August 10, 2020 Harvest Nation Update



We greet you with thanksgiving that our startup aeroponic CSA farm planned for construction in the Soudan Underground Mine is, of course, still moving ahead with development. Pandemic required our potential funding partners to pivot in the direction of immediate food, medical, and shelter needs of the community. Harvest Nation remains a long-term food solution. Covid19 caused many more consumers to turn towards local CSA farms for quality food access. Harvest Nation’s choice of a CSA farm with its year-round availability of produce through indoor aeroponics is proving itself as the model for regional food security with challenges still to fully materialize in our food system, such as climate change and fossil fuel shortages.


Apologies in the lag of public communication:


While our social media and website have been quiet, our development team has been building on its lessons learned from the feasibility study, and updating farm plans with hard costs following a new iteration with the help our student team from DesignU, a UMN self-operated entrepreneurial club. We are reigniting our plans to resume fundraising activities for our pilot farm at the Soudan Underground Mine. To date, we’ve entered the MN Cup 2020 Semi-Finals, and are waiting to hear back if we are selected as Finalists on August 17, and are pitching for the Native Entrepreneur Business Showcase hosted by the Social Venture Circle. Stay tuned!


Where we are at in the midst of pandemic:


Here is an except from our MN Cup 2020 business competition submission. We’ve were selected into the Semi-Finalist Round and now look forward to MN Cup’s August 17th announcement of Finalists.


The future of food is in crisis. With alarming climate change projections, global population rising to 9 billion by 2050, and deteriorating soil health, communities are in desperate need for quality food access and long-term food security. This was true before COVID-19 shined a light on the fallibility of our food distribution infrastructure. Mass-transportation of commodity food is as risky as it is unhealthy, and leaves many people disempowered with limited availability of healthy options at the end of the food chain.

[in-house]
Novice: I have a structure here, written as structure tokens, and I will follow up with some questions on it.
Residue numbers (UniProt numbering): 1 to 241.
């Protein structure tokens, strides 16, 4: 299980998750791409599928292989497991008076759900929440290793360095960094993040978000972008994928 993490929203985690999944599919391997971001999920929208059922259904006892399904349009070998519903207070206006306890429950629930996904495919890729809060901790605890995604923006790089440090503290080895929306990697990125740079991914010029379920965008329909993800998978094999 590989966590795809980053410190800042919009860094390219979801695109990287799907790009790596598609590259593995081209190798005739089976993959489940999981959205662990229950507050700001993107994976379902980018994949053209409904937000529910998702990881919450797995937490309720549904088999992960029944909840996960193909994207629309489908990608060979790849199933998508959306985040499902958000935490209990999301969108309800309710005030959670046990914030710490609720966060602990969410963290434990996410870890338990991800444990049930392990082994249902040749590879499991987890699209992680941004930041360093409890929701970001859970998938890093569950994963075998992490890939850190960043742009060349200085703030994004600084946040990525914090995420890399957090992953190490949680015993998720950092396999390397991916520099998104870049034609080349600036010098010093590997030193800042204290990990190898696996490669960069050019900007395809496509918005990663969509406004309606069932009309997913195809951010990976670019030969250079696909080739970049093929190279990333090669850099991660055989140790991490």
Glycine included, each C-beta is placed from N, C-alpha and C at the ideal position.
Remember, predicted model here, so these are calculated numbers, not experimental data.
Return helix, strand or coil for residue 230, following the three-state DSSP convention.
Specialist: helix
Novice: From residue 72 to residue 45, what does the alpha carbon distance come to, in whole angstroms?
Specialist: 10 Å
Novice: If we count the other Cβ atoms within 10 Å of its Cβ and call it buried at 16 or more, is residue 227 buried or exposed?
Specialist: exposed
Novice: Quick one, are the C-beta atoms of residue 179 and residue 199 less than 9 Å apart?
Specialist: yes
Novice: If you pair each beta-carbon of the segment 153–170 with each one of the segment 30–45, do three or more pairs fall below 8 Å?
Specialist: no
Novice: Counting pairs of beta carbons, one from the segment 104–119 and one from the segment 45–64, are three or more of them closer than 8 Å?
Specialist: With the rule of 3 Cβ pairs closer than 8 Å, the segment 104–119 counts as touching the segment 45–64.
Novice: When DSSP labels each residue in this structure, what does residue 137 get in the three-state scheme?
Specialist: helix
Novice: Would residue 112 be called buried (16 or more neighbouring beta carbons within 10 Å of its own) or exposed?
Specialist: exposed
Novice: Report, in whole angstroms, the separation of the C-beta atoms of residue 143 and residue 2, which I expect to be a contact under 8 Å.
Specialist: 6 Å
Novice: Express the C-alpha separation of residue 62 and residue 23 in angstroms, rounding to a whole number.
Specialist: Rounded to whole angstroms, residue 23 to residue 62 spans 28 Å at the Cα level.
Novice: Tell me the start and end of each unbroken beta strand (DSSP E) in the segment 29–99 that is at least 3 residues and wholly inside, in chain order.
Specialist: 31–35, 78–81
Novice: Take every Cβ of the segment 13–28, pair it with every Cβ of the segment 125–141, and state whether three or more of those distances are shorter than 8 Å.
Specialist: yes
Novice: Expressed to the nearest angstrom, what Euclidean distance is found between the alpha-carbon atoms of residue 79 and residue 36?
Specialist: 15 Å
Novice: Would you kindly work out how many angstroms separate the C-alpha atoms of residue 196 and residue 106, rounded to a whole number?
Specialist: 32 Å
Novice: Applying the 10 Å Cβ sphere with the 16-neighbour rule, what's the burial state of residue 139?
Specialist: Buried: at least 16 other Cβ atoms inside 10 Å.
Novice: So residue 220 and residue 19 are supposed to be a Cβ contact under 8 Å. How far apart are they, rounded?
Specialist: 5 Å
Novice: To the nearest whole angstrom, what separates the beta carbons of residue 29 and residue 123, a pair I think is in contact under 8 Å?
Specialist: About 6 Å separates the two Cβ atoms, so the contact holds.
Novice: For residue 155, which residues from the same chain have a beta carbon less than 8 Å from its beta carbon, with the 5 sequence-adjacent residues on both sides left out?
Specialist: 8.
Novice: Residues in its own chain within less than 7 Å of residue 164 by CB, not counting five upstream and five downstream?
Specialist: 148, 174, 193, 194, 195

Food Supply Chain Risks: Covid19 pandemic, Fresh water contamination, Climate change, Fossil fuel crisis, Rising global population, GMOs engineered for transport.


While the Big Food industry has provided a mechanism for food access around the world, the food provided is usually low quality. The affordable food items are typically high in salt, fat, sugar, and preservatives to allow for largescale marketability. Big Food often takes the place of local eating customs and therefore is a means of cultural imperialism, intentional or not. The locus of control of the food system is out of reach of the consumers yet they are the direct recipients. Such a power imbalance without mitigation often invites exploitation, turning this issue into a human rights concern.